I supposed, when I’m kind to strangers, i must be 10x more generous to my own siblings.

      I do have my vice though. Hihi

      Not only that, there are things that my family would do for me, that can’t be measured in monetary. So, it’s all good, as I still ended the year with $100k in cash. I’m thankful for that. I haven’t made this much money in a year. I haven’t saved this much money in a year.

  2. Debts are for certain while investments are never guaranteed. Having said that, loan for good cause are always look differently πŸ™‚

    • True that! I guess, that’s why Mr.W doesn’t want to get into any sort of debts at all to avoid the compounding effect and a peace of mind. πŸ˜›

  3. It’s never a bad idea to reduce any type of debt. Student loan, mortgage, CC debt, whatever. As you said, paying off a loan is like creating extra positive cash flow for yourself. Keep up the good work. As far as travel hacks I wish I could give you some recent advice. Since baby DivHut was born I haven’t been out of the country but we might take our first trip this summer somewhere with him, other than a road trip. Thanks for sharing.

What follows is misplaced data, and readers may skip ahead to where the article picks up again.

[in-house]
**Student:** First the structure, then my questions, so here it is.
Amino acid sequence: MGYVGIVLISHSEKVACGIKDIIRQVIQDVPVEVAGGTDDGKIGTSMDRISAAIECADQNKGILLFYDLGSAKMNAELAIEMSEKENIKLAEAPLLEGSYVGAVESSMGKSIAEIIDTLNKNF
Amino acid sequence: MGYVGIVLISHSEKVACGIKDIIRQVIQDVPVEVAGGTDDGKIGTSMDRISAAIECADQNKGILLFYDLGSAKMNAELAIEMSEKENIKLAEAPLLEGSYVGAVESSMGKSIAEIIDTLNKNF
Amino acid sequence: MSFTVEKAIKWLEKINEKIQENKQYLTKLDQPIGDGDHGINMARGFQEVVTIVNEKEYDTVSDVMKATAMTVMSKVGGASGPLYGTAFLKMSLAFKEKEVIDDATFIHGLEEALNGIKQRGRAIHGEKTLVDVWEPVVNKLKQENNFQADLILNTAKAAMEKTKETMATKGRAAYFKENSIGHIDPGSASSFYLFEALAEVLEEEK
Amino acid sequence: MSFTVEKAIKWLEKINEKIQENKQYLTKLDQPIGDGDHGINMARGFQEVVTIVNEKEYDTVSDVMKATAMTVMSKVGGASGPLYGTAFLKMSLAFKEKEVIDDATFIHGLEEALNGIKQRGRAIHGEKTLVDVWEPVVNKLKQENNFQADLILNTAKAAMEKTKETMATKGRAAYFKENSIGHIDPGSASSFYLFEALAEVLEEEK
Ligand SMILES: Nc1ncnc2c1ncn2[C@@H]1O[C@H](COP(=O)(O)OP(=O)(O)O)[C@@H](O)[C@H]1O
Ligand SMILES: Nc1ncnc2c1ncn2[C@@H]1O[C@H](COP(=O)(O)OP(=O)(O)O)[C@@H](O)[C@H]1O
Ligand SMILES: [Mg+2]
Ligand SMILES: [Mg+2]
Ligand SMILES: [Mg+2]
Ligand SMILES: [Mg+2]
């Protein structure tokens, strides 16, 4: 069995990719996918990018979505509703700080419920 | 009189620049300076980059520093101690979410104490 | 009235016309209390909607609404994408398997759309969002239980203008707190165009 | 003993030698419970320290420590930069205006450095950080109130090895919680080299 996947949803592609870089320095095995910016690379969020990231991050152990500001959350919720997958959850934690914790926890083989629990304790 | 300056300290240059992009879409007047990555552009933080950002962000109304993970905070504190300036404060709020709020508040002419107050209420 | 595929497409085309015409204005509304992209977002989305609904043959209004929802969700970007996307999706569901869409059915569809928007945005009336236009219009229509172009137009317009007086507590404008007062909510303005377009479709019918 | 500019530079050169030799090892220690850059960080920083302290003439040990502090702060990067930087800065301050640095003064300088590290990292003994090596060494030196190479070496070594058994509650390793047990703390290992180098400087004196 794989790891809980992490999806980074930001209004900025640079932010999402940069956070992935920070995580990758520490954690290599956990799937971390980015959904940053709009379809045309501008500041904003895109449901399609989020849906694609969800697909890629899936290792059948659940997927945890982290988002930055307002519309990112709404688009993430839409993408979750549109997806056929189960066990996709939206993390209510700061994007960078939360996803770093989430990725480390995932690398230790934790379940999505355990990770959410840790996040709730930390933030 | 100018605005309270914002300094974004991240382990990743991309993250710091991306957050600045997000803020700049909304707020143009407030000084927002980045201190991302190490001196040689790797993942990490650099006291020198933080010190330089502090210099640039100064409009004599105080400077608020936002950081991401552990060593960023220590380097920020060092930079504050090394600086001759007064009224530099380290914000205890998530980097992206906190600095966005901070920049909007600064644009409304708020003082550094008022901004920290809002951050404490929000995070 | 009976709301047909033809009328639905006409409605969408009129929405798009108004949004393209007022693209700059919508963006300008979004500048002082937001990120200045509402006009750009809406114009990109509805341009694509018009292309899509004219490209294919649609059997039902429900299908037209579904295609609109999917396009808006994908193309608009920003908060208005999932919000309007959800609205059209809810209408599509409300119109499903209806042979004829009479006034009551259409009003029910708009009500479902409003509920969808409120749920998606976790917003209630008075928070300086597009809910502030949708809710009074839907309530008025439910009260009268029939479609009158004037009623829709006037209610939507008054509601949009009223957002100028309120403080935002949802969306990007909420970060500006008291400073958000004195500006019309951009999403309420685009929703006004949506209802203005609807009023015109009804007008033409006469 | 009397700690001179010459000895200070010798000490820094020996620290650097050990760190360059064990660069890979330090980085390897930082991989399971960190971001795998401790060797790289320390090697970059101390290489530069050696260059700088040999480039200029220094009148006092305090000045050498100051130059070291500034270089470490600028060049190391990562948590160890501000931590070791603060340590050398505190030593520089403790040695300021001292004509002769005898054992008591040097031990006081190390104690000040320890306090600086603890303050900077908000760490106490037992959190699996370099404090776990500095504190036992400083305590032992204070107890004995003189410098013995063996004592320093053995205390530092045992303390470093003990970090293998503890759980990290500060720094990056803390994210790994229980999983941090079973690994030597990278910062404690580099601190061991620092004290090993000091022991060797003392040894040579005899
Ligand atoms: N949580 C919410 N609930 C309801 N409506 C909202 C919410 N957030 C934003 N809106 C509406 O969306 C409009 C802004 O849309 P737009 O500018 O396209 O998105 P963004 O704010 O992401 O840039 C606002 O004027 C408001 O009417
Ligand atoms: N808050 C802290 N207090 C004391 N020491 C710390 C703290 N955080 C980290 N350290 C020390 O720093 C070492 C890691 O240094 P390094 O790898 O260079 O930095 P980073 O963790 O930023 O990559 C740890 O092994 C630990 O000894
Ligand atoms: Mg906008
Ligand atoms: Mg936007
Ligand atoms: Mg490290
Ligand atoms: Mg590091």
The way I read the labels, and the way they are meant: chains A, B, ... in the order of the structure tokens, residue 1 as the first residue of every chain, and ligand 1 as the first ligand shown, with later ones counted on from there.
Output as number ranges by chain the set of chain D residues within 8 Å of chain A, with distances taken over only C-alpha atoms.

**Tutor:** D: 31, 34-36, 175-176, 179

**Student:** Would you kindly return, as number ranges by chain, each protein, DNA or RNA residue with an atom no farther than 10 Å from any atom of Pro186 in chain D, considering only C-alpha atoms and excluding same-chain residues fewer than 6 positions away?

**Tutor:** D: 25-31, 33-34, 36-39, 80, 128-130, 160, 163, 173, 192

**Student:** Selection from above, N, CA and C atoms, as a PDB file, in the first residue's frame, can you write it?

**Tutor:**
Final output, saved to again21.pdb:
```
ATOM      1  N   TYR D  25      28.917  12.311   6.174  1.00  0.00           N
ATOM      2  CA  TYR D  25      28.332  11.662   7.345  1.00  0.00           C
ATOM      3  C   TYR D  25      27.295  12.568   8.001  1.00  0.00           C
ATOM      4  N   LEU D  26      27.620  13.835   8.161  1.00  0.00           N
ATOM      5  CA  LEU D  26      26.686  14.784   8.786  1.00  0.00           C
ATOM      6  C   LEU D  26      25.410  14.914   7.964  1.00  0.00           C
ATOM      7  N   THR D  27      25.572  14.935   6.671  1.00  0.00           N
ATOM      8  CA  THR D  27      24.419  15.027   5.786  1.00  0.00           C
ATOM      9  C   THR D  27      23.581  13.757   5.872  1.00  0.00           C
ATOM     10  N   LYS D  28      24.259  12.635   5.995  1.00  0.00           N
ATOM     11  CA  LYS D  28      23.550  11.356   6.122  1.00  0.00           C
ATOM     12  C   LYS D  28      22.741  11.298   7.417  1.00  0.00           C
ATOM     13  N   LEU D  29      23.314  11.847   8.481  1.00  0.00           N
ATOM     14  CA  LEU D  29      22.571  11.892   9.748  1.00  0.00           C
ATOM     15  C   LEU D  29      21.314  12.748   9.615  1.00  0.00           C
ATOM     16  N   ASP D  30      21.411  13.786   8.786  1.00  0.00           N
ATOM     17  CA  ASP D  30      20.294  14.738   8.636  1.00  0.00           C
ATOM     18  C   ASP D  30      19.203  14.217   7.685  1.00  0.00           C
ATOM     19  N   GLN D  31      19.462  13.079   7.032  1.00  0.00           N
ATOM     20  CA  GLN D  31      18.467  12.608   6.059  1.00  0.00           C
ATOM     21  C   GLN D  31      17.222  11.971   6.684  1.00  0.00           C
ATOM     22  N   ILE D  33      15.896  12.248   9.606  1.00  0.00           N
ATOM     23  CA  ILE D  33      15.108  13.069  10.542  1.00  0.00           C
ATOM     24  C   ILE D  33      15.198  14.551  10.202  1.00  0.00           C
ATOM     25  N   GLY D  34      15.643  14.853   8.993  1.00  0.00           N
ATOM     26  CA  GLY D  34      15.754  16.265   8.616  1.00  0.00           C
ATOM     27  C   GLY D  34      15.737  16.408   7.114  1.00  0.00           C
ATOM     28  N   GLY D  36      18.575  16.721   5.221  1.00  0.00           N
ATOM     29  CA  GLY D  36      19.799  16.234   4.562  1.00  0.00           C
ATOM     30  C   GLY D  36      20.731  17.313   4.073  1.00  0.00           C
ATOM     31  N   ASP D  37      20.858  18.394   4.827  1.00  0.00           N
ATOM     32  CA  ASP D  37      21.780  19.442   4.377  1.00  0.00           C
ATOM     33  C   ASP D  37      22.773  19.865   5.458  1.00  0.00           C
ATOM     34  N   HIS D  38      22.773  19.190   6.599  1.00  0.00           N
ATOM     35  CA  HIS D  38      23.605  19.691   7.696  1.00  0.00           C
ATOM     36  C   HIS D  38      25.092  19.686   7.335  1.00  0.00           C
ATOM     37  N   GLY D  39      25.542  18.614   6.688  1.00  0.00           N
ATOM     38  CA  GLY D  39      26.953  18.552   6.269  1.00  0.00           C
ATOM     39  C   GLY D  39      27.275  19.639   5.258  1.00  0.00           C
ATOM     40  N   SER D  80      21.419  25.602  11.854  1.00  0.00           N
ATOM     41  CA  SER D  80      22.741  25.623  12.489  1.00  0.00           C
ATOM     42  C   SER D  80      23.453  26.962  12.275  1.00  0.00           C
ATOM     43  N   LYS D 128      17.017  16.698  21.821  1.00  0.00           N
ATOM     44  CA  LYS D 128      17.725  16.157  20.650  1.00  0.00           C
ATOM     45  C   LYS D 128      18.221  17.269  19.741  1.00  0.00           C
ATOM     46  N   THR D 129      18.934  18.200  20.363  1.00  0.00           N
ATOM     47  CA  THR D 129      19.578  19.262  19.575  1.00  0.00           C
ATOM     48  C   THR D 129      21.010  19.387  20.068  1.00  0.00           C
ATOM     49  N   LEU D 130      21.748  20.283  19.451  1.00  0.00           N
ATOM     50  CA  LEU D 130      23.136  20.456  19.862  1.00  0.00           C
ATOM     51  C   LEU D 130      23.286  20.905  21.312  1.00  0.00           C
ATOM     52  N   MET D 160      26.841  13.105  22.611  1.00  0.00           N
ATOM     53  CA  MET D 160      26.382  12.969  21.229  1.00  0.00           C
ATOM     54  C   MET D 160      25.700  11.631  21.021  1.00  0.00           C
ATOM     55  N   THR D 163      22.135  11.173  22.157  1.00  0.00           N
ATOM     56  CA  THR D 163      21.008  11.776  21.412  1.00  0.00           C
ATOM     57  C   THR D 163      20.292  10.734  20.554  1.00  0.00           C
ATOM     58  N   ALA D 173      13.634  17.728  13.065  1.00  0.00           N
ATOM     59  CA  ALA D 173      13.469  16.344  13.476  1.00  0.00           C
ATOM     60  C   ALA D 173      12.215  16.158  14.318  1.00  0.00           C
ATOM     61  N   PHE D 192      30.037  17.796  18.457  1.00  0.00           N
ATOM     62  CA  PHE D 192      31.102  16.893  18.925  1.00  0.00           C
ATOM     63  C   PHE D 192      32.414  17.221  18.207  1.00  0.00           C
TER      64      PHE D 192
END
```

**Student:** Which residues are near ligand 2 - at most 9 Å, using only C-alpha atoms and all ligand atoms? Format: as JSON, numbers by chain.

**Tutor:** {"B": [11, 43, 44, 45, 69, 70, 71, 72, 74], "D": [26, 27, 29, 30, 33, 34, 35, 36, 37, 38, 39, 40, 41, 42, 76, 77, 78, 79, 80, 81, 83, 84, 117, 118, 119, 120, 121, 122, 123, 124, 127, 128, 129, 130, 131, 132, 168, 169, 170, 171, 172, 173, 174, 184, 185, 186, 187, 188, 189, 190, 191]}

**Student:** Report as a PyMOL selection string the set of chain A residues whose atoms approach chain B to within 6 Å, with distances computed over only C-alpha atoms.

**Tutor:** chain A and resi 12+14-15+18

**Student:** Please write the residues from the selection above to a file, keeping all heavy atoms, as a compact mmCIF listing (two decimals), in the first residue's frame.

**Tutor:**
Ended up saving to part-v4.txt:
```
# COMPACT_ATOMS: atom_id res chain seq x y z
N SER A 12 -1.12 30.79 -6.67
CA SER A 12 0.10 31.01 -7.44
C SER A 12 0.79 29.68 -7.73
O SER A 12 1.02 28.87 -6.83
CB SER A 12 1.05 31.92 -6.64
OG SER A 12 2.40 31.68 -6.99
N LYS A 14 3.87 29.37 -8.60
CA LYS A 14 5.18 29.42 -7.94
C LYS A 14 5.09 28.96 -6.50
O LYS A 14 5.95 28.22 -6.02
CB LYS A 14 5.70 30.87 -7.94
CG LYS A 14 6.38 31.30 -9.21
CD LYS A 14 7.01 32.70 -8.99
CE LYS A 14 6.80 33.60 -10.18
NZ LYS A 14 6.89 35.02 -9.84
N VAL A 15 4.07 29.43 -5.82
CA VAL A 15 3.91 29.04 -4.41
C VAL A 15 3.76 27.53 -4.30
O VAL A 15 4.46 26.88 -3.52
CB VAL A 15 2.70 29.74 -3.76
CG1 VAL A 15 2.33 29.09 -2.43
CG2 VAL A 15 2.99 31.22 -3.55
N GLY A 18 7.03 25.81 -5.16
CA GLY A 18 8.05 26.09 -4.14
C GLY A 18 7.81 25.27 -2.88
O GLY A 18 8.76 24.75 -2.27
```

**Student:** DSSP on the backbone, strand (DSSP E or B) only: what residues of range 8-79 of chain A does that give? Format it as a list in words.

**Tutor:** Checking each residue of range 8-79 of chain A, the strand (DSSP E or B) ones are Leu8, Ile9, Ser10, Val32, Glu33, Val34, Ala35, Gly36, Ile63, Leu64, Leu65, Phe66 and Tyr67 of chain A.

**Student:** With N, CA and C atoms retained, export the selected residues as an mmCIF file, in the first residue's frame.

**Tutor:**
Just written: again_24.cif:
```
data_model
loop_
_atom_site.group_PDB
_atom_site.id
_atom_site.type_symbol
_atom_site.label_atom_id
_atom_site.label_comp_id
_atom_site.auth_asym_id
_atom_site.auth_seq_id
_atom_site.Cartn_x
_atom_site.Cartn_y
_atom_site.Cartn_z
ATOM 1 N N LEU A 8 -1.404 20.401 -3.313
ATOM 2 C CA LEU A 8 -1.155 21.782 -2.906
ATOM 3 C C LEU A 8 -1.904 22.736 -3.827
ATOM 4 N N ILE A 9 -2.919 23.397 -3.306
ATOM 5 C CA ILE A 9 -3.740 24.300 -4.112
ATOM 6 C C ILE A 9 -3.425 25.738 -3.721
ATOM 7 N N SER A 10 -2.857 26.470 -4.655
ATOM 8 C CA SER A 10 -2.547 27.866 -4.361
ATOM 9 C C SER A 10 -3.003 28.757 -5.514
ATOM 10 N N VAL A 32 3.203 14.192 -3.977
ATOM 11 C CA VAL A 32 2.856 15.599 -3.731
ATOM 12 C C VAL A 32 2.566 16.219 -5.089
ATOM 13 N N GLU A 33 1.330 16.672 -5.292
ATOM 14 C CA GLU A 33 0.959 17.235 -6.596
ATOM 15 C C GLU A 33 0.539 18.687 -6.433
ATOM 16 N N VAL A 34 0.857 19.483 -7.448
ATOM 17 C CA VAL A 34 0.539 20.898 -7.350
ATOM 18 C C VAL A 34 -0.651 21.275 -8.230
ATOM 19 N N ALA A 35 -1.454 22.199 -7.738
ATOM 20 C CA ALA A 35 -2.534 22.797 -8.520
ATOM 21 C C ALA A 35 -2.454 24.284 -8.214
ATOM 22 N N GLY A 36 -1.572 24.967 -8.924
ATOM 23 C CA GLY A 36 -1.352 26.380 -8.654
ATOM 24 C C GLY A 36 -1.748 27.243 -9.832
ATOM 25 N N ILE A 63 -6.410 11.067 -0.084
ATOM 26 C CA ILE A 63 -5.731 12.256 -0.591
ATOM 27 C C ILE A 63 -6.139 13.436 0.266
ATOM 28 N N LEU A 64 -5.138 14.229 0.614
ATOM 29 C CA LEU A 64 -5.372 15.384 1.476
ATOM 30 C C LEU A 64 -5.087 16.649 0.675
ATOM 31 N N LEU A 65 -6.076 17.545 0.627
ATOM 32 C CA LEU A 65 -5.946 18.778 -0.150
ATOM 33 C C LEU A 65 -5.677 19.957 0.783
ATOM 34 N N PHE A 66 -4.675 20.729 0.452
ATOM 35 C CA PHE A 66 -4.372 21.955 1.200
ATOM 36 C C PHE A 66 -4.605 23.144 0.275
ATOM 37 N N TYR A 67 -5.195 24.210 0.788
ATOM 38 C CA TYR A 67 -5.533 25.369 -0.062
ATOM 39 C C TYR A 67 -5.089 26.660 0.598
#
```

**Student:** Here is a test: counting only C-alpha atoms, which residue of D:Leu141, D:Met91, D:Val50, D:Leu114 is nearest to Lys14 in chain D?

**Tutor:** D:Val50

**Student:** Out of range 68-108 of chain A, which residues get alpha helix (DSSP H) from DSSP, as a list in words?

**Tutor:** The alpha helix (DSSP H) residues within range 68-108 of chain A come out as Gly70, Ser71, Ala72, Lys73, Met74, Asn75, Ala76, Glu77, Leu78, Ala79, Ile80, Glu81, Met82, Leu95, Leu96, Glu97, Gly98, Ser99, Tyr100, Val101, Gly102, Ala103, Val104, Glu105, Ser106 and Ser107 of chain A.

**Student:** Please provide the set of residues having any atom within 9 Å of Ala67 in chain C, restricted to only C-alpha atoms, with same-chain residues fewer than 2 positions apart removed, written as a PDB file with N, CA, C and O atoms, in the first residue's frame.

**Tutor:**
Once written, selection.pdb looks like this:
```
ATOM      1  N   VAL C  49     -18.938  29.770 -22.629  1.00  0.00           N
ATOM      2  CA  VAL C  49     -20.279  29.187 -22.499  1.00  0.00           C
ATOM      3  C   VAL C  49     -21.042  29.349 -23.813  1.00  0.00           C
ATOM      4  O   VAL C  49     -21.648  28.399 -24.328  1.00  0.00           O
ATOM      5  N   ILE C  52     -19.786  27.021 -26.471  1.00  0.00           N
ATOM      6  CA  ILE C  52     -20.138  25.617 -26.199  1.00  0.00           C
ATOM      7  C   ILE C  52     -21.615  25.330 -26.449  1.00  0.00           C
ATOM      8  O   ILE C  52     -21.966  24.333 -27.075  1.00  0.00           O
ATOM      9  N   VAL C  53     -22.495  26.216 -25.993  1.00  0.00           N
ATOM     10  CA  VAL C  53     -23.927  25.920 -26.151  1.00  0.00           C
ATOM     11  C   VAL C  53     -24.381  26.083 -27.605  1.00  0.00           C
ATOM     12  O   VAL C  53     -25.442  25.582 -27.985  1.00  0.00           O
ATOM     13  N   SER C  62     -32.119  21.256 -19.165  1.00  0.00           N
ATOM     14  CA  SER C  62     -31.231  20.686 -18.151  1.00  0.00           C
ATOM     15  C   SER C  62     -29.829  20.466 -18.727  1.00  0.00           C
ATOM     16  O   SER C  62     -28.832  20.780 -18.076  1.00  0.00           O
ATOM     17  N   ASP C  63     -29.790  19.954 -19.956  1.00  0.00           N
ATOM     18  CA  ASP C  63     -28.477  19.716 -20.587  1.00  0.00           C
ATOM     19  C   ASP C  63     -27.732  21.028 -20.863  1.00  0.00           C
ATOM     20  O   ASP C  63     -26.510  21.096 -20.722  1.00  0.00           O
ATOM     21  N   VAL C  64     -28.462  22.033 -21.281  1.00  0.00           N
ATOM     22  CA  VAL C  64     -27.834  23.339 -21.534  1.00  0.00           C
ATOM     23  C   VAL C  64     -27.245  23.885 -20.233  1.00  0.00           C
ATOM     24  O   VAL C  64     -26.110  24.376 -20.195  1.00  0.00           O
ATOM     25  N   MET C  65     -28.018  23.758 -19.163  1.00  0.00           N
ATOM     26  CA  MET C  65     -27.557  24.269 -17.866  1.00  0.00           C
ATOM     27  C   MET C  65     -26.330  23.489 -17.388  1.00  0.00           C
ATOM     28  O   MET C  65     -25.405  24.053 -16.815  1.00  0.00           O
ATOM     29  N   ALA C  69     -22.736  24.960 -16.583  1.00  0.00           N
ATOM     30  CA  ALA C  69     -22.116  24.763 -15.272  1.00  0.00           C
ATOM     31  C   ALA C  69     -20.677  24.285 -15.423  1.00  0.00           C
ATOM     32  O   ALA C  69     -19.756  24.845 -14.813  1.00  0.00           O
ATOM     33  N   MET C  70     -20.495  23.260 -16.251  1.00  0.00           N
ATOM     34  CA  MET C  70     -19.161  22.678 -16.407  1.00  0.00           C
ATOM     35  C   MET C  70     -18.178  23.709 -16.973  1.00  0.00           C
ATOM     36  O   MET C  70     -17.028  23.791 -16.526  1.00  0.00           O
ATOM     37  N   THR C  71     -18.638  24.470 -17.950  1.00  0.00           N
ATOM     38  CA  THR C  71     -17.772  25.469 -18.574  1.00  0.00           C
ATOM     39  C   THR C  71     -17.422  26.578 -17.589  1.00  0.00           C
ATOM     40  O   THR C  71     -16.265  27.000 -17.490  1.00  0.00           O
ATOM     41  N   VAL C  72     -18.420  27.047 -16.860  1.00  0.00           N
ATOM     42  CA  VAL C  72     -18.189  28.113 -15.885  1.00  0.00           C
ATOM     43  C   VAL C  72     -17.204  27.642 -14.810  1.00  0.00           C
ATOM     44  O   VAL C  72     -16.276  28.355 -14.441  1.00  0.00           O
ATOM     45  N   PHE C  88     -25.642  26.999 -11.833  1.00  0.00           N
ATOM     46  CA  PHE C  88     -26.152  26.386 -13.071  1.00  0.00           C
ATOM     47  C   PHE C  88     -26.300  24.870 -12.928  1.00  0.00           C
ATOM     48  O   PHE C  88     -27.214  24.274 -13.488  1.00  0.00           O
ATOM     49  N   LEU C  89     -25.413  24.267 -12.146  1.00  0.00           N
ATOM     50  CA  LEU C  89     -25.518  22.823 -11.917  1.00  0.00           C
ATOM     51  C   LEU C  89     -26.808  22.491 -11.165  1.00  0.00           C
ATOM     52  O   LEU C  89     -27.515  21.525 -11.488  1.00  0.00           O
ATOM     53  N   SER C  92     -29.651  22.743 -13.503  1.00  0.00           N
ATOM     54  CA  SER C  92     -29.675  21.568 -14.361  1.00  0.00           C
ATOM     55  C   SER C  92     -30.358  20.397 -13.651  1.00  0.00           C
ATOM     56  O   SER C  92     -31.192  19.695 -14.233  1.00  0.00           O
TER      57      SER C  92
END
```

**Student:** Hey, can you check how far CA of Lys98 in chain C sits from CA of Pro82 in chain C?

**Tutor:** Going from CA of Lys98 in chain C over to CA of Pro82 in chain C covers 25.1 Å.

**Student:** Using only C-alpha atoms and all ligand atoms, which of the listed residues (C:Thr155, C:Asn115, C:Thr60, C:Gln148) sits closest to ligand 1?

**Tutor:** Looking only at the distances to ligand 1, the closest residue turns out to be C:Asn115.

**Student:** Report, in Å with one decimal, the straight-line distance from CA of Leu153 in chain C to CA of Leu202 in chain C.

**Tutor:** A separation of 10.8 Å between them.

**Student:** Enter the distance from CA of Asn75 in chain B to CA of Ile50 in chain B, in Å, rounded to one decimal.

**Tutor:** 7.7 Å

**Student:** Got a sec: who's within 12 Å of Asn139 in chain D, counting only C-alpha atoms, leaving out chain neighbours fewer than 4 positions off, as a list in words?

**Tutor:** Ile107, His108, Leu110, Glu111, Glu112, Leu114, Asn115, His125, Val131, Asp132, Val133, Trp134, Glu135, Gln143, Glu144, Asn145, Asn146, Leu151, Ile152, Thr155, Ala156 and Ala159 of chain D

4. I’m with you on your priorities. On the charity angle, I’d identify the reason why it wasn’t fully allocated. Two reasons could be not enough applicants fitting the criteria or the school’s desire to evolve this into a self-sustaining grant. Either of these would be legitimate. One alternative would be to establish a charity of your own. Hmm … maybe I should establish one … now you’ve got me thinking …

    • Well, I didn’t want to give it to the foundation, so I was making sure that the fund I gave was in itself a scholarship in my mom’s name.

      Then I was making sure that there is no criteria- they don’t have to be a poor student, all they have to be was student from my high school. The community. Ollege is literally 5 mins from. Y high school, there are a lot of students from my high school that go here.

      She insisted to put a c average on it. Like a two point o. No problem. I remember, all you got to do is showing up for class and you get a c.

      I spoke gave the fund in may, spoke to the gal in September, she got super mouthy with me, and made it seems like nobody qualified. Sorry, but I’m not a fool. I was mad, I went quiet after this. They can’t fooled me twice. I’ll contact my high school myself. Can’t trust people getting paid …